17. 5 out of 5

    Megan Rosol

    A nice, funny, thoughtful graphic novel for when you feel you might be in a reading slump.

  18. 5 out of 5

    Sandy

    Just lovely.

  19. 5 out of 5

    Nadina

    Somewhat relatable, somewhat sad. These were really cute comics. I like how it was broken into chapters.

  20. 4 out of 5

    Heather

    Relatable books like this are so important. Excited to follow her on Instagram.

  21. 5 out of 5

    Vishal Katariya

    Oh my god, so good.

  22. 5 out of 5

    Lake Villa District Library

    Featured in our 2019 Holiday Gift Guide!

  23. 4 out of 5

    Margo Adeline

    i read this in a waiting room. it was cute and really made me take a good look at my own mental health and the healthy ways i can deal with my issues.

  24. 5 out of 5

    Jess

    I pulled this from the graphic novel collection at work and felt it was a very relatable depiction of living, loving, and growing with (and through) mental illness. I'll be recommending this one to our students for sure!

  25. 5 out of 5

    Connie D

    Sweet, encouraging comic about dealing with depression and anxiety.

  26. 4 out of 5

    Tarah Fedenia

    Such a cute little comforting book.

  27. 5 out of 5

    Kris

    3.5 stars. A graphic novel that deals with anxiety and depression in a relatable way. There is a bit of humor, but mostly, it i realistic, but in an approachable way.

  28. 4 out of 5

    Katherine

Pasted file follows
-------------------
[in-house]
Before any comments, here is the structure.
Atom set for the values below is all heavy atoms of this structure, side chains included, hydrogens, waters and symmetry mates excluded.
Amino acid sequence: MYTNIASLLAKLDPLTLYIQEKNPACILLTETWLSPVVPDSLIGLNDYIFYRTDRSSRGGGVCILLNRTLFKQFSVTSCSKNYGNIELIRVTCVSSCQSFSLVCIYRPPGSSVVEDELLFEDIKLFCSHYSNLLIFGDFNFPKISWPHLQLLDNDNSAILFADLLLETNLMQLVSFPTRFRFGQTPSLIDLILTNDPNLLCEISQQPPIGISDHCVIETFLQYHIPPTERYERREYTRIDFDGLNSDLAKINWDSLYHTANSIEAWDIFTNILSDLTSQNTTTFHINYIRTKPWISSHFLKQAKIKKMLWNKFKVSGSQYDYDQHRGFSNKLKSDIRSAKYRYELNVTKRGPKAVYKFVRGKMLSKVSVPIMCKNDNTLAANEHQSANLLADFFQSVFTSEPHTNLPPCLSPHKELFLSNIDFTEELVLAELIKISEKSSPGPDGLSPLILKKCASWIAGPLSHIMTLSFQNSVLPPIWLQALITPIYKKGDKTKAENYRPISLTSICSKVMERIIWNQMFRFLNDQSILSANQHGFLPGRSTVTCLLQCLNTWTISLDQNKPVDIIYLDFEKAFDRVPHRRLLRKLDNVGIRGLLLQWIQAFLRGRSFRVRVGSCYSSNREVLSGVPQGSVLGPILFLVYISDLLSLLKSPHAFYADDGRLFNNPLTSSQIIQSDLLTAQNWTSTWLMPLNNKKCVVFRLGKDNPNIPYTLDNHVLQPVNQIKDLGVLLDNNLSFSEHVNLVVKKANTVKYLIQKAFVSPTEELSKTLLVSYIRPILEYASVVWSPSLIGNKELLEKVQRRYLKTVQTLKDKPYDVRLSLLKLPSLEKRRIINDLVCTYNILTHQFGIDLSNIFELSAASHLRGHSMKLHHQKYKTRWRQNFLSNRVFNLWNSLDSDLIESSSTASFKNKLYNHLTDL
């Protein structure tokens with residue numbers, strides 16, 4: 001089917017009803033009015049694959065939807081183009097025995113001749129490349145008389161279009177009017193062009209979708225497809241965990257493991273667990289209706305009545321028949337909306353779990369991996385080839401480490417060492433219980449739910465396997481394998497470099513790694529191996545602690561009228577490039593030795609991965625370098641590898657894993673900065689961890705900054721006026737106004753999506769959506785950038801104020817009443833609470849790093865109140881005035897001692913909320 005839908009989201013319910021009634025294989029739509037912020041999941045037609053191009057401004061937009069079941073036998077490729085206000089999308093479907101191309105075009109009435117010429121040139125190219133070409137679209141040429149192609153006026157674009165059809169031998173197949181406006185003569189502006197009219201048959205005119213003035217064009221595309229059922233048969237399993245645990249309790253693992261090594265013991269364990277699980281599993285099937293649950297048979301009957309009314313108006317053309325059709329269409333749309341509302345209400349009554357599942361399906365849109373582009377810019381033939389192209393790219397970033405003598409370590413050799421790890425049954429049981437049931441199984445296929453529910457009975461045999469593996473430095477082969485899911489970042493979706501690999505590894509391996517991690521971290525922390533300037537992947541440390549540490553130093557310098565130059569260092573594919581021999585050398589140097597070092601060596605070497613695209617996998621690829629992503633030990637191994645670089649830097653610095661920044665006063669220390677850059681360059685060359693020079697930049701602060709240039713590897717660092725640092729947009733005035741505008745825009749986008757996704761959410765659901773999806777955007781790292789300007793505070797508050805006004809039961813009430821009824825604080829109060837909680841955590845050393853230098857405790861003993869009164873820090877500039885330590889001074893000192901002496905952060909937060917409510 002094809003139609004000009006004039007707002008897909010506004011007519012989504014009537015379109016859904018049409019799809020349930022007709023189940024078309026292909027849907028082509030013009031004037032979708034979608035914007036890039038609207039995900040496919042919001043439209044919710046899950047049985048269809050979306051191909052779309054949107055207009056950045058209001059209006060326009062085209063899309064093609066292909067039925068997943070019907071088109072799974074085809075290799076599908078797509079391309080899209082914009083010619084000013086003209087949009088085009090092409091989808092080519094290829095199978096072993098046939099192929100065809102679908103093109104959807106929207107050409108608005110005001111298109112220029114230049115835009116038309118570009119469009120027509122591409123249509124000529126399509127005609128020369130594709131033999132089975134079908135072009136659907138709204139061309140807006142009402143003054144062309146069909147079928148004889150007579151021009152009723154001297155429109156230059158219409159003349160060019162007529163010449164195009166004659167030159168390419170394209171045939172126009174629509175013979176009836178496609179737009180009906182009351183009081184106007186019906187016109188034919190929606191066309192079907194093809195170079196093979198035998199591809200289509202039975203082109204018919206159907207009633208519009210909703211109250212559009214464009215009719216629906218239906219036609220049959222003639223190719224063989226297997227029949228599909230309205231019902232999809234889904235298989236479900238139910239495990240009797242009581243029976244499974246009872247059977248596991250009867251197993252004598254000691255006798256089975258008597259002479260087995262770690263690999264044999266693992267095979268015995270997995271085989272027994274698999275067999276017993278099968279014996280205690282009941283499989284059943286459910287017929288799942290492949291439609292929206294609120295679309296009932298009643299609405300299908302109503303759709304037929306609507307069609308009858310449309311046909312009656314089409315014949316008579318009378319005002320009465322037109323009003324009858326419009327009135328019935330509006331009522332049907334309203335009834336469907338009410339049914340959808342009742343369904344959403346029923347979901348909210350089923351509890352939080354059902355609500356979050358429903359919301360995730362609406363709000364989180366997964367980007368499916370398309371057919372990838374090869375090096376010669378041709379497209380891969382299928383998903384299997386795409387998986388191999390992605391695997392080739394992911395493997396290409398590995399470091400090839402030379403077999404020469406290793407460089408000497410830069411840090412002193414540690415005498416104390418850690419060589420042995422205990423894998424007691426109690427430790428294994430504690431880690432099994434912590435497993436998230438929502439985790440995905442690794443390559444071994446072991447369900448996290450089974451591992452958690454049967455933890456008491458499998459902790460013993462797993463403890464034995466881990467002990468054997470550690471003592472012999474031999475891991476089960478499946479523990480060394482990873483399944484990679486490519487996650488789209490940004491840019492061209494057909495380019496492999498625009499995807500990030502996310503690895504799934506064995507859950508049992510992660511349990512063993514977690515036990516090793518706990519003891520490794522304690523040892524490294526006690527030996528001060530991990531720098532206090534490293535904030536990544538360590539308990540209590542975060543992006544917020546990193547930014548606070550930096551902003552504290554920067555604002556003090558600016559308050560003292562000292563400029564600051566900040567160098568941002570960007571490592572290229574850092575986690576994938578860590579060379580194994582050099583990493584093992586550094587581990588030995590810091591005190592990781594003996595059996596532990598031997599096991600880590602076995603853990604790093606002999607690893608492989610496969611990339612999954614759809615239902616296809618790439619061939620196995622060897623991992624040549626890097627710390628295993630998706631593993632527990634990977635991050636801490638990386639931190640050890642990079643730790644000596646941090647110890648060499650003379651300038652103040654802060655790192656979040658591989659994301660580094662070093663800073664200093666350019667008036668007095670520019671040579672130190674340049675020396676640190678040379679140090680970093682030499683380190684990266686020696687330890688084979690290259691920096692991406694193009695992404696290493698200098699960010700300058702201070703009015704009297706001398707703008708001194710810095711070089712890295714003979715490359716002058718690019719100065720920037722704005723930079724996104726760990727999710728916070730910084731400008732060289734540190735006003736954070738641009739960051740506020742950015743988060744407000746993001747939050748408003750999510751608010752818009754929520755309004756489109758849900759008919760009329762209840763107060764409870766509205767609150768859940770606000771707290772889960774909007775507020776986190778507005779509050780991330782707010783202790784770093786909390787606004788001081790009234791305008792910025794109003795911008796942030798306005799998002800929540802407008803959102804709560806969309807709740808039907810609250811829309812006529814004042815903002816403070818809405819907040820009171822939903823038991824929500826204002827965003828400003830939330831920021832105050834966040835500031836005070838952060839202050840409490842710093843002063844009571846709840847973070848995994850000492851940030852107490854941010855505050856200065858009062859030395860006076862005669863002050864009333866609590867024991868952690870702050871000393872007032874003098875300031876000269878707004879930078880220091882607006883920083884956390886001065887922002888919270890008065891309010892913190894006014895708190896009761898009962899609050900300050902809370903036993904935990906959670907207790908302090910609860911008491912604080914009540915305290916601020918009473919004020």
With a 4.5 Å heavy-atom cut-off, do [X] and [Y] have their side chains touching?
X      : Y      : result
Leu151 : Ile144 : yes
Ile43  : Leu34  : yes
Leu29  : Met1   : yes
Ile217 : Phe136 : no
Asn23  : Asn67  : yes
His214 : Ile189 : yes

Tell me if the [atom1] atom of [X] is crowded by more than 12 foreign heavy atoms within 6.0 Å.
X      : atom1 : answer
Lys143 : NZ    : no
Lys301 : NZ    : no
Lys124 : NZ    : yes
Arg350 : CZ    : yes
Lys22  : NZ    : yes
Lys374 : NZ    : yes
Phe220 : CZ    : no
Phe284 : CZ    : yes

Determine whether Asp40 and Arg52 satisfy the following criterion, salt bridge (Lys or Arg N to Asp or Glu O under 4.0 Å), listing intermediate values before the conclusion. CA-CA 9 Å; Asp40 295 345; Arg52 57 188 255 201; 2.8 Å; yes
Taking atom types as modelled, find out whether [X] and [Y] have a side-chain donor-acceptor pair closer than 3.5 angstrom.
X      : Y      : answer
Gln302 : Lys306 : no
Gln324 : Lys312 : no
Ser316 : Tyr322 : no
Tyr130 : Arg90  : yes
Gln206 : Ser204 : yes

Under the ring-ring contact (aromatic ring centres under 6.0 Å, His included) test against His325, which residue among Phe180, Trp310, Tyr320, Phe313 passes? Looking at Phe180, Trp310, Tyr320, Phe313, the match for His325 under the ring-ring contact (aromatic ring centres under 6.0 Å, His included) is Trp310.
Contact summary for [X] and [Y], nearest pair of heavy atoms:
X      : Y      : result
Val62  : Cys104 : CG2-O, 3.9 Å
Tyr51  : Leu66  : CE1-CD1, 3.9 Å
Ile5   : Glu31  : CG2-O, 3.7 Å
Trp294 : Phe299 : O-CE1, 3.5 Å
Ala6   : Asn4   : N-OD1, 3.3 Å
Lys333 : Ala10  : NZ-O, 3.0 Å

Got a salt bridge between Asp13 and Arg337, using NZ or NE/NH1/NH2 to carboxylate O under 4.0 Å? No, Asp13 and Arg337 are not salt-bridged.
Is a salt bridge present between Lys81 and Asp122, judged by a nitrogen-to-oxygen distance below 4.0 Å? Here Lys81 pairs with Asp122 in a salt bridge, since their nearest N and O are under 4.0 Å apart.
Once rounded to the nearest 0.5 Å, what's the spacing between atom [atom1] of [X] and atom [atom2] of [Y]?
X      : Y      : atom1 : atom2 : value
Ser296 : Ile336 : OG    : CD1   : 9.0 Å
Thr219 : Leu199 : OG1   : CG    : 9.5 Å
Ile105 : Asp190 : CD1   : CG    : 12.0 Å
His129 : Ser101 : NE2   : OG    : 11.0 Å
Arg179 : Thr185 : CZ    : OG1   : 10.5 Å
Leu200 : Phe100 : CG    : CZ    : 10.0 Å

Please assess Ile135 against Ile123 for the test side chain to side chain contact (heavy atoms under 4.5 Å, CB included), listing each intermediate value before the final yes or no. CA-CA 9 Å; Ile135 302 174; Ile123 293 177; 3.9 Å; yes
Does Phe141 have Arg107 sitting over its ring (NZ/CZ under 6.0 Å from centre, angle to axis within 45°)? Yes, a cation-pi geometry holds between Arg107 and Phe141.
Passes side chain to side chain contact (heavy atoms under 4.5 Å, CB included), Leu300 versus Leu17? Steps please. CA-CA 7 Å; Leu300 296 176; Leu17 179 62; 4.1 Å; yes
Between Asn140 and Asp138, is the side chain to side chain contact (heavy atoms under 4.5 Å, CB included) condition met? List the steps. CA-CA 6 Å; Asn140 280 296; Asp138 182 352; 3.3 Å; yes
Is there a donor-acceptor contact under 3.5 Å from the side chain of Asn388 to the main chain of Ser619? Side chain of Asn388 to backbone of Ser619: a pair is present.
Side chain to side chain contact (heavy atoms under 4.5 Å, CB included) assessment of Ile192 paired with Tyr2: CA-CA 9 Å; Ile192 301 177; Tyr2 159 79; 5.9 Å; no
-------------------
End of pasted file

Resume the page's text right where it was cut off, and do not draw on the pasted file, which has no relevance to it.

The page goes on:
Holly Chisholm's personal insights about experiencing depression and anxiety were used to create cute, relatable comics that I found to be relaxing to read despite their moments of being very "close-to-home". I was diligently drinking a bottle of water as I read the panels where "The mental health fairy," commands her to drink more water despite her already drinking water. I laughed out loud at the inadvertently reflected realism. Overall, the book was a quick read that did not bring tears (as th Holly Chisholm's personal insights about experiencing depression and anxiety were used to create cute, relatable comics that I found to be relaxing to read despite their moments of being very "close-to-home". I was diligently drinking a bottle of water as I read the panels where "The mental health fairy," commands her to drink more water despite her already drinking water. I laughed out loud at the inadvertently reflected realism. Overall, the book was a quick read that did not bring tears (as the darker subjects were balanced by cute illustrations) nor much laughter, but definitely grazed lightly across my emotional center through both ends of the spectrum. The last illustration of the book was of the all too familiar mountain of overcoming mental health issues. When I closed the book, I thought to myself, "Holly did a really good thing here." It helps people to see relatable stories full of helpful coping mechanisms and positive thinking to balance out the effects of negative thinking while depressed.